My name is Stephen Beacham.
Here's what's happening this week on CNET's crave block.
Hey party people.
Halloween is getting close so here's a how-to video produced by Mashable.
For making a pumpkin beer cake because why not.
First you cut off the top and clean out the pumpkin just like you would if you were carving one.
Then you make a small hole in the front of the pumpkin and install a spigot.
You gotta make sure the hole is smaller than the diameter.
Of the spigot.
Then you pour six to 12 bottles of beer into the pumpkin.
Now they're using Samuel Adams in the video maybe because it's a sponsorship or something, but you can use any beer you want.
Put the top back on and let the beer foam settle for a bit.
Then you simply grab a glass, pour and enjoy.
See how happy she is?
Your Halloween party will be in full effect.
When I was a kid, I used to love those When Animals Attack shows for some reason,
so here's my short version of that old school television format.
This is what happens when animals attack.
This is what happens when a hawk battles a drone for air supremacy.
Now let's go into the sea, where a two-man Greenpeace submarine was attacked by a group of giant squid.
Rounding out my When Animals Attack segment, the zoological society of London is live streaming meerkats, oriental short clawed otter, and Galapagos tortoises live from the London zoo in hopes of catching some real time animal attacks.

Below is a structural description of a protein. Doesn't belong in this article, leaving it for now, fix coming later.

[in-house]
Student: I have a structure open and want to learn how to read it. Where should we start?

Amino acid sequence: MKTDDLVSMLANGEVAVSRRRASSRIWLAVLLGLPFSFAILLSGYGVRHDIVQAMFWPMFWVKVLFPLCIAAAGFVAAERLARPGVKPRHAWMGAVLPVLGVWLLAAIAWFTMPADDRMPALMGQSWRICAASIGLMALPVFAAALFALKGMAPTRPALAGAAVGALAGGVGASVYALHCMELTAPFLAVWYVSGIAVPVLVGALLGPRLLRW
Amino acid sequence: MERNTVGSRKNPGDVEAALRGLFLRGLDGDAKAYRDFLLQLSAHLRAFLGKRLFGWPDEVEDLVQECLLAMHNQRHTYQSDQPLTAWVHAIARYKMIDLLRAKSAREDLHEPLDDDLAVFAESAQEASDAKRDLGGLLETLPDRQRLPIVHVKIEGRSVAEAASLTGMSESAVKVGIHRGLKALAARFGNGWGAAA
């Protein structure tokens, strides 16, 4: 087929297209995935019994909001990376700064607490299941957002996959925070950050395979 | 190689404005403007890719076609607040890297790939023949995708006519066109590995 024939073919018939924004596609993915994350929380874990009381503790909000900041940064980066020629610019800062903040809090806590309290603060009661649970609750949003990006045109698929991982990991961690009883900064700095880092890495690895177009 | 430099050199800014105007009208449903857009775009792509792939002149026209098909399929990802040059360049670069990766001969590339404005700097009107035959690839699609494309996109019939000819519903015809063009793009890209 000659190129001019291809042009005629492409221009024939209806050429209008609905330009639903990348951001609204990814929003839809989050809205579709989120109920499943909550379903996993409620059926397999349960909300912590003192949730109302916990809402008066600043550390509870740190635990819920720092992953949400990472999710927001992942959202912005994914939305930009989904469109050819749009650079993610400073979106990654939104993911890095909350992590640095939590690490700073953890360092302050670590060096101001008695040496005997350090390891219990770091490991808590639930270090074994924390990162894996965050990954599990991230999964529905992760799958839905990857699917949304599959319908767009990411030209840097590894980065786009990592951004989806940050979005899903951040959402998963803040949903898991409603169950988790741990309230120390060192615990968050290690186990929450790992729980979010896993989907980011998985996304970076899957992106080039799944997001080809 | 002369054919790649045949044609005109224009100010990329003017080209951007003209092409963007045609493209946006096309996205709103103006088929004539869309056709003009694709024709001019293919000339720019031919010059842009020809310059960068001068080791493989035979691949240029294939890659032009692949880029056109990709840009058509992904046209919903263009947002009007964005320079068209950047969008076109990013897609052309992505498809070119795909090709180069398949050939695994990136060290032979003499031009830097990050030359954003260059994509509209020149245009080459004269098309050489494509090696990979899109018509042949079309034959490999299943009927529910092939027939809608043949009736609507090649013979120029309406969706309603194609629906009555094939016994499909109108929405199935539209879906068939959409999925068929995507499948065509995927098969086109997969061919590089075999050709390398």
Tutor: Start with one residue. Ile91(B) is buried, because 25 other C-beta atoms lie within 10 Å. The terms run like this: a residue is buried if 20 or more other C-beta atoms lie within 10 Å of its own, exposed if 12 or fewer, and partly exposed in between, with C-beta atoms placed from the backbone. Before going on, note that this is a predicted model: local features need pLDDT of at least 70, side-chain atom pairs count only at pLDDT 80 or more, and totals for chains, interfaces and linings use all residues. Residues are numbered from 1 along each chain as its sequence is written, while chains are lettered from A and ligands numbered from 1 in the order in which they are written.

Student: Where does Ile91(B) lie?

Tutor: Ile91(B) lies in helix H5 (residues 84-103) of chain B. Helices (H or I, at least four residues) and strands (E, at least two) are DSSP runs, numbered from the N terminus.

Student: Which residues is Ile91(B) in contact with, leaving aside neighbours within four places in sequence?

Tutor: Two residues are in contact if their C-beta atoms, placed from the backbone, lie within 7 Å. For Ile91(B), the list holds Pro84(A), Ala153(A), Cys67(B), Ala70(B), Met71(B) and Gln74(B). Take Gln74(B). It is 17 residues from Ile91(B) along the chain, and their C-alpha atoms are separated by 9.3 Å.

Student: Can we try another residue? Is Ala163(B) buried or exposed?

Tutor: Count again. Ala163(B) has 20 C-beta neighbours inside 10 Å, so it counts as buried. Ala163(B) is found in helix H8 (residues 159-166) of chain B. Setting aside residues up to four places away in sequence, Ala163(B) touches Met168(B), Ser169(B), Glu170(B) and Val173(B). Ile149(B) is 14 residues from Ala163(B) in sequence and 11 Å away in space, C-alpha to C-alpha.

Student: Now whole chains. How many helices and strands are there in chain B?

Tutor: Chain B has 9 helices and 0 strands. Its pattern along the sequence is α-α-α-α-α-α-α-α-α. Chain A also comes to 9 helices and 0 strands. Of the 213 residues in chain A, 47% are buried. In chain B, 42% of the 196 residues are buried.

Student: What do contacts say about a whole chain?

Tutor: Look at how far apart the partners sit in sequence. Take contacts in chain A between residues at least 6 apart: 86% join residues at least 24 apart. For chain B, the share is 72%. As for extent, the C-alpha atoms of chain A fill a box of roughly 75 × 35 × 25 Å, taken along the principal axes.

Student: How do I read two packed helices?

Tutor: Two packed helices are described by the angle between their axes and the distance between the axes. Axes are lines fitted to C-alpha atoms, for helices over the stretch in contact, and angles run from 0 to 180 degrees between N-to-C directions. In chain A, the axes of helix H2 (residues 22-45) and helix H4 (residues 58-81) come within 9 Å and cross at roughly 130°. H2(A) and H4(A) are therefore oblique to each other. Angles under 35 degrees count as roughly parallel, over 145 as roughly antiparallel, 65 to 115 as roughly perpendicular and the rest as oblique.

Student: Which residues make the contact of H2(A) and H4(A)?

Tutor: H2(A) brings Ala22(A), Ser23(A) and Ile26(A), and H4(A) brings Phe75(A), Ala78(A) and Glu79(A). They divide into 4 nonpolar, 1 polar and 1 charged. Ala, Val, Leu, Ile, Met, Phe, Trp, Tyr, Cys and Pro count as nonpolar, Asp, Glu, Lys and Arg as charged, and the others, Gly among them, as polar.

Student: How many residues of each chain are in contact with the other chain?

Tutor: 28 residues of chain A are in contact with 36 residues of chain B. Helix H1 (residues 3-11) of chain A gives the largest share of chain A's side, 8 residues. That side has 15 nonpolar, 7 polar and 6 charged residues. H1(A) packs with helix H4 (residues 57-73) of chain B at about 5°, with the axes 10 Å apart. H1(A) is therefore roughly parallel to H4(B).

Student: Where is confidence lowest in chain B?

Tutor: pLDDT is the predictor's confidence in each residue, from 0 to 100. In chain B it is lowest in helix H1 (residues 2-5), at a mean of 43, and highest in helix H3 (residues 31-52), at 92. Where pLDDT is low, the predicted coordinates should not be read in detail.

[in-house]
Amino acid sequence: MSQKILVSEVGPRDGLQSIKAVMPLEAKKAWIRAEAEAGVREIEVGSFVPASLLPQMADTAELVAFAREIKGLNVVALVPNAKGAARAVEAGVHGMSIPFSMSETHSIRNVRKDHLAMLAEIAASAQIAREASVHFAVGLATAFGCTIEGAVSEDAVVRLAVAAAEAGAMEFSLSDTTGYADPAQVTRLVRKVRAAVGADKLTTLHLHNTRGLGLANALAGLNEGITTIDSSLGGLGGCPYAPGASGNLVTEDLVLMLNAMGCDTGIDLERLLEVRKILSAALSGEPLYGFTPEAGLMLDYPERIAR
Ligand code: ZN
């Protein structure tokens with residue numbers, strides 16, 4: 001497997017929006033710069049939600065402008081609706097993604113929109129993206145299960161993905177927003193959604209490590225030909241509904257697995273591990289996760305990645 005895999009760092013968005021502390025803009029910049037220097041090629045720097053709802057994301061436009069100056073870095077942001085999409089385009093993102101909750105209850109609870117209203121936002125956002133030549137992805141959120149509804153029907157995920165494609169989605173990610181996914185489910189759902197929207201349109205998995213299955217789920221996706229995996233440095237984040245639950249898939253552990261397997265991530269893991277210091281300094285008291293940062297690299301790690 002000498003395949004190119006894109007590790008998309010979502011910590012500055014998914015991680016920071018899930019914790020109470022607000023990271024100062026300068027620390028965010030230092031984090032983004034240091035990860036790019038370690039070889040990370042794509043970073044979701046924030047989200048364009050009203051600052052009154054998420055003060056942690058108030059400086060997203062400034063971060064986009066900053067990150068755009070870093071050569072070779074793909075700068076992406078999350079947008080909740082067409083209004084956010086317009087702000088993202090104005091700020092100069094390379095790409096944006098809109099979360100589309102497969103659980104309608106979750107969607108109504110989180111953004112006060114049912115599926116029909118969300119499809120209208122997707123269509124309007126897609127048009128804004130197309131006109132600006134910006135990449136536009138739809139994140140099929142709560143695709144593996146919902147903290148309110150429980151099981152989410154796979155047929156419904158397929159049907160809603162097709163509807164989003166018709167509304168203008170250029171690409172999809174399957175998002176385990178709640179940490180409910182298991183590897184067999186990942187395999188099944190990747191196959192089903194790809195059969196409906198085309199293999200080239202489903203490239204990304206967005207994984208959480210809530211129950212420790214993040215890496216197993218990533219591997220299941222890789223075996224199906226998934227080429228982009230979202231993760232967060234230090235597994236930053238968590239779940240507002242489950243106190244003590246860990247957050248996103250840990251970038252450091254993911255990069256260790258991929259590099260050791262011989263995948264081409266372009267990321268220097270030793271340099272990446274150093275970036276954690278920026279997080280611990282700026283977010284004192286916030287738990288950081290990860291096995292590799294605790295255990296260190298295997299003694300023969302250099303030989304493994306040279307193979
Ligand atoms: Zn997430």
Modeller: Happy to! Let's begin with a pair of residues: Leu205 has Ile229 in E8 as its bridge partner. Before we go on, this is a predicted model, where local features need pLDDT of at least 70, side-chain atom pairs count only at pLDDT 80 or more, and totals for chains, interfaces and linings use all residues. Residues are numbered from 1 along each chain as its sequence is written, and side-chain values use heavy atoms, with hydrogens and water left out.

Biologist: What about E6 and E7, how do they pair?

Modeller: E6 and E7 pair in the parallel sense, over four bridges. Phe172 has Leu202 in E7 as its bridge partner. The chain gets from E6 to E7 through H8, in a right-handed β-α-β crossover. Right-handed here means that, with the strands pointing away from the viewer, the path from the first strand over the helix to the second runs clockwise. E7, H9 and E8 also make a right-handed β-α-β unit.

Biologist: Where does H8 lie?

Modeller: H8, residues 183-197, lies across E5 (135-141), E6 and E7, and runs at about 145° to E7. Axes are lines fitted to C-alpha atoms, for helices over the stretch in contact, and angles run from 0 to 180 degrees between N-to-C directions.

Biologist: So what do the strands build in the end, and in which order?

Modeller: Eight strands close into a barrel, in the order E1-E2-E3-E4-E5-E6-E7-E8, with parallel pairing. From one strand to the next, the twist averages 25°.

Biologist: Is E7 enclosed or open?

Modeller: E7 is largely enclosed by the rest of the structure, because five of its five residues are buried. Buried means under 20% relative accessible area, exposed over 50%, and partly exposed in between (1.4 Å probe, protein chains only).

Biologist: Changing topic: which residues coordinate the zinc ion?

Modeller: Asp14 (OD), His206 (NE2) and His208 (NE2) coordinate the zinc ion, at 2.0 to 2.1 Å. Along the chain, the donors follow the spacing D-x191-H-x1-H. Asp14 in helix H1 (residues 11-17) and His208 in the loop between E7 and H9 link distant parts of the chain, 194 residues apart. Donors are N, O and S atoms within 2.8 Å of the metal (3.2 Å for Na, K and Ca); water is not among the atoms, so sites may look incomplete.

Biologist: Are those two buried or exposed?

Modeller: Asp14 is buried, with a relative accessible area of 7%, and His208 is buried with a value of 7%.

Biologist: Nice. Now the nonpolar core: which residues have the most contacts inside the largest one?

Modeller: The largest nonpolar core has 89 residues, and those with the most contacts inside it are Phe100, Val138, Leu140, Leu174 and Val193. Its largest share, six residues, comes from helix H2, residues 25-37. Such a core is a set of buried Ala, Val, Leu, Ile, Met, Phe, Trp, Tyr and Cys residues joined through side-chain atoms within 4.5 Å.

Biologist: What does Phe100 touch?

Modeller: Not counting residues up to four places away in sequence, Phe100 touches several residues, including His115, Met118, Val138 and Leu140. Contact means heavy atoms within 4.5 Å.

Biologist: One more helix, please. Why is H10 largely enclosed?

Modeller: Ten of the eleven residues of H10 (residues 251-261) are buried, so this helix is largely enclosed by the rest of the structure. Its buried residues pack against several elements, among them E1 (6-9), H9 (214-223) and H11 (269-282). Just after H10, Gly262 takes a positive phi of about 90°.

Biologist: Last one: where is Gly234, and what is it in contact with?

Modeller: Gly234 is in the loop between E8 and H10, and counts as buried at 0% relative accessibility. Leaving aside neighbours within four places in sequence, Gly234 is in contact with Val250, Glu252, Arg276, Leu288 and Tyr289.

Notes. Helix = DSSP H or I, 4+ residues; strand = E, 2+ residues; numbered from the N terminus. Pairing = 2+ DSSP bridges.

Actually, I'm kidding.
Google and UK communications regulator, Ofcom, have teamed up with the zoo to bring these wildlife enclosure livestreams via vacant TV frequencies referred to as TV White Space or TVWS.
TVWS has a lot of wireless potential allowing signals to travel farther and more easily between obstacles.
Then bluetooth and WiFi.
The Zoological Society of London said in a statement, the trail aims to show how TVWS can be used to provide wireless connectivity over a large area and in non-line-of-site scenarios.
This exciting technology has huge potential to deliver fast internet to ZSL's remote conservation sites and help monitor wildlife.
The air umbrella is fabricless umbrella that uses air in a high speed fan to create an air shield around your dome.
The air umbrella recently passed its funding goal on Kickstarter and will come in three different models.
The first model is.
For the ladies.
Air umbrella-a is about 30 centimeters long and weighs about 500 grams, the battery life for this model is about 15 minutes.
Air umbrella-b is the basic model, it measures 50 centimeters in length, weighs 800 grams.
And it has a battery life of about 30 minutes.
And finally there is the air umbrella-c which is scalable.
Starting at about 50 centimeters and extends to 80 centimeters.
Air umbrella-c weighs about 850 grams with a battery life of about 30 minutes.
The Air Umbrella will retail starting at $128 to $148 and will launch in December of 2015.
It's worth mentioning that the Air Umbrella is still in the prototype stage and a similar product also called the Air Umbrella was reported on by CNET in January of 2010 which never came to market.
I wonder why.
Alright guys that's a show.
Thank you very much for watching.
As always you can find all these news stories on CNET's Crave blog at Crave.
Make sure you follow Crave on Twitter @Crave.
And check out this week's Crave giveaway.
This week's Crave giveaway is a new hardcover book Star Wars art posters.
It's a comprehensive volume of iconic Star Wars art from across the ages.
Go to the blog and enter to win.